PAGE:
Sorry for the break in posting! Visiting family and a nasty cold will do that to you.
Most Arabs mark at least two “New Years” on their calendars, the Islamic and the Gregorian (many, especially in Iraq, may celebrate a third, Nowruz). As the Islamic calendar is lunar, and therefore shorter than the Gregorian calendar, the Gregorian date of the Islamic New Year floats; for example, we are currently in the year 1434 on the Islamic (Hijri) calendar, and the year 1435 will begin roughly around November 4, 2013. I say “roughly” because lunar calendar dates depend on the phases of the moon, so any attempt to map them to Gregorian dates in the future may be off by a day or so in either direction. The Islamic New Year is marked quietly, with prayer and reflection on the Hijra, or the Flight of Muhammad from Mecca to Medina, the event that marks year 1 of that calendar.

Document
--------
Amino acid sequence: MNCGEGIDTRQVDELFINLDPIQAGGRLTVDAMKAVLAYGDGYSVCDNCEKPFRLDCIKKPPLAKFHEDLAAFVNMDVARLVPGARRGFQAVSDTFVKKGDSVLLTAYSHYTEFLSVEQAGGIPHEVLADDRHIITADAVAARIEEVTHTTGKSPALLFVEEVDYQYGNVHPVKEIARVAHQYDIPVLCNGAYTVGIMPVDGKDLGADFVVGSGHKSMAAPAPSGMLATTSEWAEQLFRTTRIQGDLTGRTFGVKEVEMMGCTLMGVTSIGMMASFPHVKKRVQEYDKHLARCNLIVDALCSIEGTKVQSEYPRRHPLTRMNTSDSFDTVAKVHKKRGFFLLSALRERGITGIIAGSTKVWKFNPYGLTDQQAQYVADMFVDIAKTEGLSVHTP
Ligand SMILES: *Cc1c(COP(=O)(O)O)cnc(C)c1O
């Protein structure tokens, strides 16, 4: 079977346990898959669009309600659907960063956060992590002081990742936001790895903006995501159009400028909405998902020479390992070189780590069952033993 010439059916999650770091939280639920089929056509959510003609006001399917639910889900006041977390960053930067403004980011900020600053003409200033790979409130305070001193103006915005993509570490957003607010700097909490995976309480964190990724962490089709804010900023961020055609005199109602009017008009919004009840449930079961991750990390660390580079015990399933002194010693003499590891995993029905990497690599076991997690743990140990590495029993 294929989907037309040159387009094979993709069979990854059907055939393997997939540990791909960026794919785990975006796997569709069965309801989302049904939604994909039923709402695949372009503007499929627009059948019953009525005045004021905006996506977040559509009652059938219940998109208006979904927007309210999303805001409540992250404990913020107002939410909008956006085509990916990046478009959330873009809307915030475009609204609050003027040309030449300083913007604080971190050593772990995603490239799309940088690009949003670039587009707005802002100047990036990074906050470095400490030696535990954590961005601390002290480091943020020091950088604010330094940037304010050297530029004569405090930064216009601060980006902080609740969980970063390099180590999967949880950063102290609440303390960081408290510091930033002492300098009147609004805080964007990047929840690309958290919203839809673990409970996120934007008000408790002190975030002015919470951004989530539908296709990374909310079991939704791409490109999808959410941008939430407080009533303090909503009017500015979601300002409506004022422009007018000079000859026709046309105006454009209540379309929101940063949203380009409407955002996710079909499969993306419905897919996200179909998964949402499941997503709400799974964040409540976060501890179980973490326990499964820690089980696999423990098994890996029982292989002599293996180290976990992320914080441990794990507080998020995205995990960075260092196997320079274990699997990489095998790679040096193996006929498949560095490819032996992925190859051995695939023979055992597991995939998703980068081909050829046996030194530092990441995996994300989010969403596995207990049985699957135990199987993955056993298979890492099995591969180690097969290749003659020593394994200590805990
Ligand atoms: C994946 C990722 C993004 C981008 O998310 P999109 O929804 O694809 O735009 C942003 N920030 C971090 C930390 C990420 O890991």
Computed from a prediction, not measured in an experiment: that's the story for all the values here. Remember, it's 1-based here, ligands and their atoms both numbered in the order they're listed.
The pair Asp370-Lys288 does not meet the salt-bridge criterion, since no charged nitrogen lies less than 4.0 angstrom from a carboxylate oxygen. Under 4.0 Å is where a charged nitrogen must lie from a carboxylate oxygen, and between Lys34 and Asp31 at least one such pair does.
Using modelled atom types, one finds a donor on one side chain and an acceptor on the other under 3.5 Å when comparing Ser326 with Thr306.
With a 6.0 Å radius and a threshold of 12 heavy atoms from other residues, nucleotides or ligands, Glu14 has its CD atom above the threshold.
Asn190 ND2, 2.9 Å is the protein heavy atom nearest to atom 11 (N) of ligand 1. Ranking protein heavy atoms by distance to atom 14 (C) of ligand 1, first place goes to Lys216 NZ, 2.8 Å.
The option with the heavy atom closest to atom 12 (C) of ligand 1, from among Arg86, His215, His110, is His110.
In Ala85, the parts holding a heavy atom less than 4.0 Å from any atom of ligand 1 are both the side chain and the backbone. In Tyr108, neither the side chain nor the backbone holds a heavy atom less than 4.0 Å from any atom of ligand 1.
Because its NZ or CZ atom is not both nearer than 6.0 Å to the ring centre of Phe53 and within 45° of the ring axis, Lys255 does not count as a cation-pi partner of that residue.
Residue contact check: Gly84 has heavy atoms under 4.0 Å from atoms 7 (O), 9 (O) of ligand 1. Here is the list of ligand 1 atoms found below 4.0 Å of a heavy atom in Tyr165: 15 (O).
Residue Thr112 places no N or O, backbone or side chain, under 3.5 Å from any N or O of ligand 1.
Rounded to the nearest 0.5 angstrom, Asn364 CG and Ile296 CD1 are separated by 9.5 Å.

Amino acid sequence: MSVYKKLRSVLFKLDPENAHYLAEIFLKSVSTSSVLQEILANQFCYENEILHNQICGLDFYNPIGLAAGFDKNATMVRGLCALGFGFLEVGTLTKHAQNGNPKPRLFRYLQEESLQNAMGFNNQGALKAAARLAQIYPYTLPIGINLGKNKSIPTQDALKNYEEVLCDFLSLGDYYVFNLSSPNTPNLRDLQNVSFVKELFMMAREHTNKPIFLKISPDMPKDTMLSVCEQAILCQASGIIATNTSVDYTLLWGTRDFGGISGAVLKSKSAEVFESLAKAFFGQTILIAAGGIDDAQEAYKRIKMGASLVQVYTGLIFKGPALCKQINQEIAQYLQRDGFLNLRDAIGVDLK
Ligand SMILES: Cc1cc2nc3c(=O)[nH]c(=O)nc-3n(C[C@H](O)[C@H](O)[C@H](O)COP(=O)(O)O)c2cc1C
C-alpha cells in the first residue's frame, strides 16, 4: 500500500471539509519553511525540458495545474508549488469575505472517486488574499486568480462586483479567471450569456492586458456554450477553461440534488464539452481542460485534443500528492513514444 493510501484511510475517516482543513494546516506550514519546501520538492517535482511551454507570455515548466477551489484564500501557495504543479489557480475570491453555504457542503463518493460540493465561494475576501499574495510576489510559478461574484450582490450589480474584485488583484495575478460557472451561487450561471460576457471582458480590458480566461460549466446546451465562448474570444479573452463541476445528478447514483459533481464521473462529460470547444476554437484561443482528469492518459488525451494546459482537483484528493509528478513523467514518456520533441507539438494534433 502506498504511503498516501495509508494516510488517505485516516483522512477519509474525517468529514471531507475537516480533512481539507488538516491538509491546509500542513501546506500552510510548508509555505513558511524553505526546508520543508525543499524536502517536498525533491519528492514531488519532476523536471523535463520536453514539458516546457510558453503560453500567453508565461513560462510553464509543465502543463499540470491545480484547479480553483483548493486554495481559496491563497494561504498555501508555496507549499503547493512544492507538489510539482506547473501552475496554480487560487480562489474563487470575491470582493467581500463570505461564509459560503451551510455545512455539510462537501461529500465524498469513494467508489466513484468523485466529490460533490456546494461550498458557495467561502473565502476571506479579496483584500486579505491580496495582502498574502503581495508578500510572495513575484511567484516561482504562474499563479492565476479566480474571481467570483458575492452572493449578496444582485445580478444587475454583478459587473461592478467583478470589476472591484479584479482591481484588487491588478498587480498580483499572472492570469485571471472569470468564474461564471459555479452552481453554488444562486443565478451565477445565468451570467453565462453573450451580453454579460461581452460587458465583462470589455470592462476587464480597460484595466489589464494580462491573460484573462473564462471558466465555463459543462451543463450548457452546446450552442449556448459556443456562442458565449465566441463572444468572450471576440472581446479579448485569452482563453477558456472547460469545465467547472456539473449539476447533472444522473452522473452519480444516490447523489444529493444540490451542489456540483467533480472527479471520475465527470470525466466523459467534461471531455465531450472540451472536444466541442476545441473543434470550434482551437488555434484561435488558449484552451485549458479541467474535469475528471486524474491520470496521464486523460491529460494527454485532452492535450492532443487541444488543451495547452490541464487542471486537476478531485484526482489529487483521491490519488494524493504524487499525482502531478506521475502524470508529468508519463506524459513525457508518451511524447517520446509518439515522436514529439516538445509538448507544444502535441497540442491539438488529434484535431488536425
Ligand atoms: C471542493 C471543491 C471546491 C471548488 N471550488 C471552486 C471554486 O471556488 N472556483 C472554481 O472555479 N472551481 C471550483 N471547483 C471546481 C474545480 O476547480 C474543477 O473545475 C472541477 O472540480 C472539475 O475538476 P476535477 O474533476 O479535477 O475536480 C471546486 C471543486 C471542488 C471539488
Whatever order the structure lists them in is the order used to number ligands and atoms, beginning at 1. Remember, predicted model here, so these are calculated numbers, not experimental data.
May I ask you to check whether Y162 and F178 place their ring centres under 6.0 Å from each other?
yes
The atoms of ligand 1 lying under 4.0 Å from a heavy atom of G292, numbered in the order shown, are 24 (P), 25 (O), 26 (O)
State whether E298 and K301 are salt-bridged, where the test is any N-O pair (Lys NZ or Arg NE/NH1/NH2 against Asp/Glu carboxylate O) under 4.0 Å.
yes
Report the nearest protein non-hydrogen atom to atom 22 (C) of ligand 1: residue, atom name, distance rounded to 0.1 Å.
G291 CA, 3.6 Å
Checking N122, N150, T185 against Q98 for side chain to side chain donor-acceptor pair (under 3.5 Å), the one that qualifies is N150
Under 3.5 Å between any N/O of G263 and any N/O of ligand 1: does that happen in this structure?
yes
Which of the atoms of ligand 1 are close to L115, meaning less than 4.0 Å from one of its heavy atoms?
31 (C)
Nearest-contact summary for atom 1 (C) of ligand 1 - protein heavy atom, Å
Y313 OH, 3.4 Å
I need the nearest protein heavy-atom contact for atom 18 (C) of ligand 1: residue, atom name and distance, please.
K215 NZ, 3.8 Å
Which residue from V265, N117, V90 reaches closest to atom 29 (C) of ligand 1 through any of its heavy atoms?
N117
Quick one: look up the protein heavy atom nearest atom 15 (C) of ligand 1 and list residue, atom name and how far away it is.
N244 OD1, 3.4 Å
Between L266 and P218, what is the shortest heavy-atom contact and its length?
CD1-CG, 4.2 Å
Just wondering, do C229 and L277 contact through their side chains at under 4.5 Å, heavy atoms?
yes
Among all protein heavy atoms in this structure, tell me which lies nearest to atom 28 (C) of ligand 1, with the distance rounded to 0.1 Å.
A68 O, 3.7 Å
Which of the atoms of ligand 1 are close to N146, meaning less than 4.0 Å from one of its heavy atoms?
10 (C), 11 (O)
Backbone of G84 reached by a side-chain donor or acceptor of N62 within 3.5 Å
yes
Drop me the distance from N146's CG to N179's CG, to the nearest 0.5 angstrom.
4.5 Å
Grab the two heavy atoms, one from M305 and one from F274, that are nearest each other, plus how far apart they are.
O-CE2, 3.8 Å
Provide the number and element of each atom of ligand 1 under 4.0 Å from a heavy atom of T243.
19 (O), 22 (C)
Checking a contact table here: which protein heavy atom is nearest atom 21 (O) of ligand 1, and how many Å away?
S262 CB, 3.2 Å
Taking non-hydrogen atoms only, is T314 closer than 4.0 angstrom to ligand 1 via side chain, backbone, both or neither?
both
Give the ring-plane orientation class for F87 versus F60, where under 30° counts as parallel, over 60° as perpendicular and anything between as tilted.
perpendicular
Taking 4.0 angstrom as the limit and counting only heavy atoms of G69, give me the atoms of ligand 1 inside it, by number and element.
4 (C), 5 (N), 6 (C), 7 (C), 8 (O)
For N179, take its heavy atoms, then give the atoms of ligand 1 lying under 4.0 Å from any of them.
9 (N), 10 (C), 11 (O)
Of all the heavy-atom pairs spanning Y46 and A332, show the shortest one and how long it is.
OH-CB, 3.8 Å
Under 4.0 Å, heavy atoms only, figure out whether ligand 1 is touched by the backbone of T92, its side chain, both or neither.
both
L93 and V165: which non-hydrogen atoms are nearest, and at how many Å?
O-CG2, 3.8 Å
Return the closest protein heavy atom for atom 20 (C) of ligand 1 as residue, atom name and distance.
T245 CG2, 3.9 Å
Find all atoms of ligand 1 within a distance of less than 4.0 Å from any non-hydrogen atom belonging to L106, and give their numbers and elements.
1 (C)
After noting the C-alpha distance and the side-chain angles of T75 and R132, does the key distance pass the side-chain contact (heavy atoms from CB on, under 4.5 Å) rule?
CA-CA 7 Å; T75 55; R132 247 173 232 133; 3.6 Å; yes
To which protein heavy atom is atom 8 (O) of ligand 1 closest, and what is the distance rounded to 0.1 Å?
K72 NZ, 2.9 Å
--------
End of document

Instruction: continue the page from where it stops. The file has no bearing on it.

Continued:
But today is the Gregorian New Year’s Eve, so let’s restrict ourselves to that event. “New Year” can be literally translated either as السَنة الجَديدة (al-sanat al-jadīdah, don’t forget to elide the “l” into the “s” and say “as-sa-nat-al-ja-dee-da”) or as العام الجَديد (al-ʿām al-jadīd). Both the feminine سَنة and the masculine عام mean “year,” though عام has more of an historical or record-keeping connotation. Another construct you may encounter is رأس السَنة (raʾs al-sanah)or رأس العام (raʾs al-ʿām), both of which mean “start of the year” but to which you can add the Gregorian qualifier, to wit: رأس السَنة الميلادية (raʾs al-sanah al-mīlādīyah) or رأس العام الميلادي (raʾs al-ʿām al-mīlādī), ميلادي being an adjectival marker for “Christian” (literally it’s the adjectival form of “birth,” but this is understood to refer to Jesus).
“New Year’s Day” = عَيد رأس السَنة (ʿīd raʾs al-sanah), “feast of the first of the year”
“New Year’s Eve” = لَيلة رأس السَنة (laylat raʾs al-sanah), “night of the first of the year”
“Happy New Year!” = سَنة جَديدة سَعيدة (sanat jadīdat saʿīdah) or عام جَديد سَعيد (ʿām jadīd saʿīd)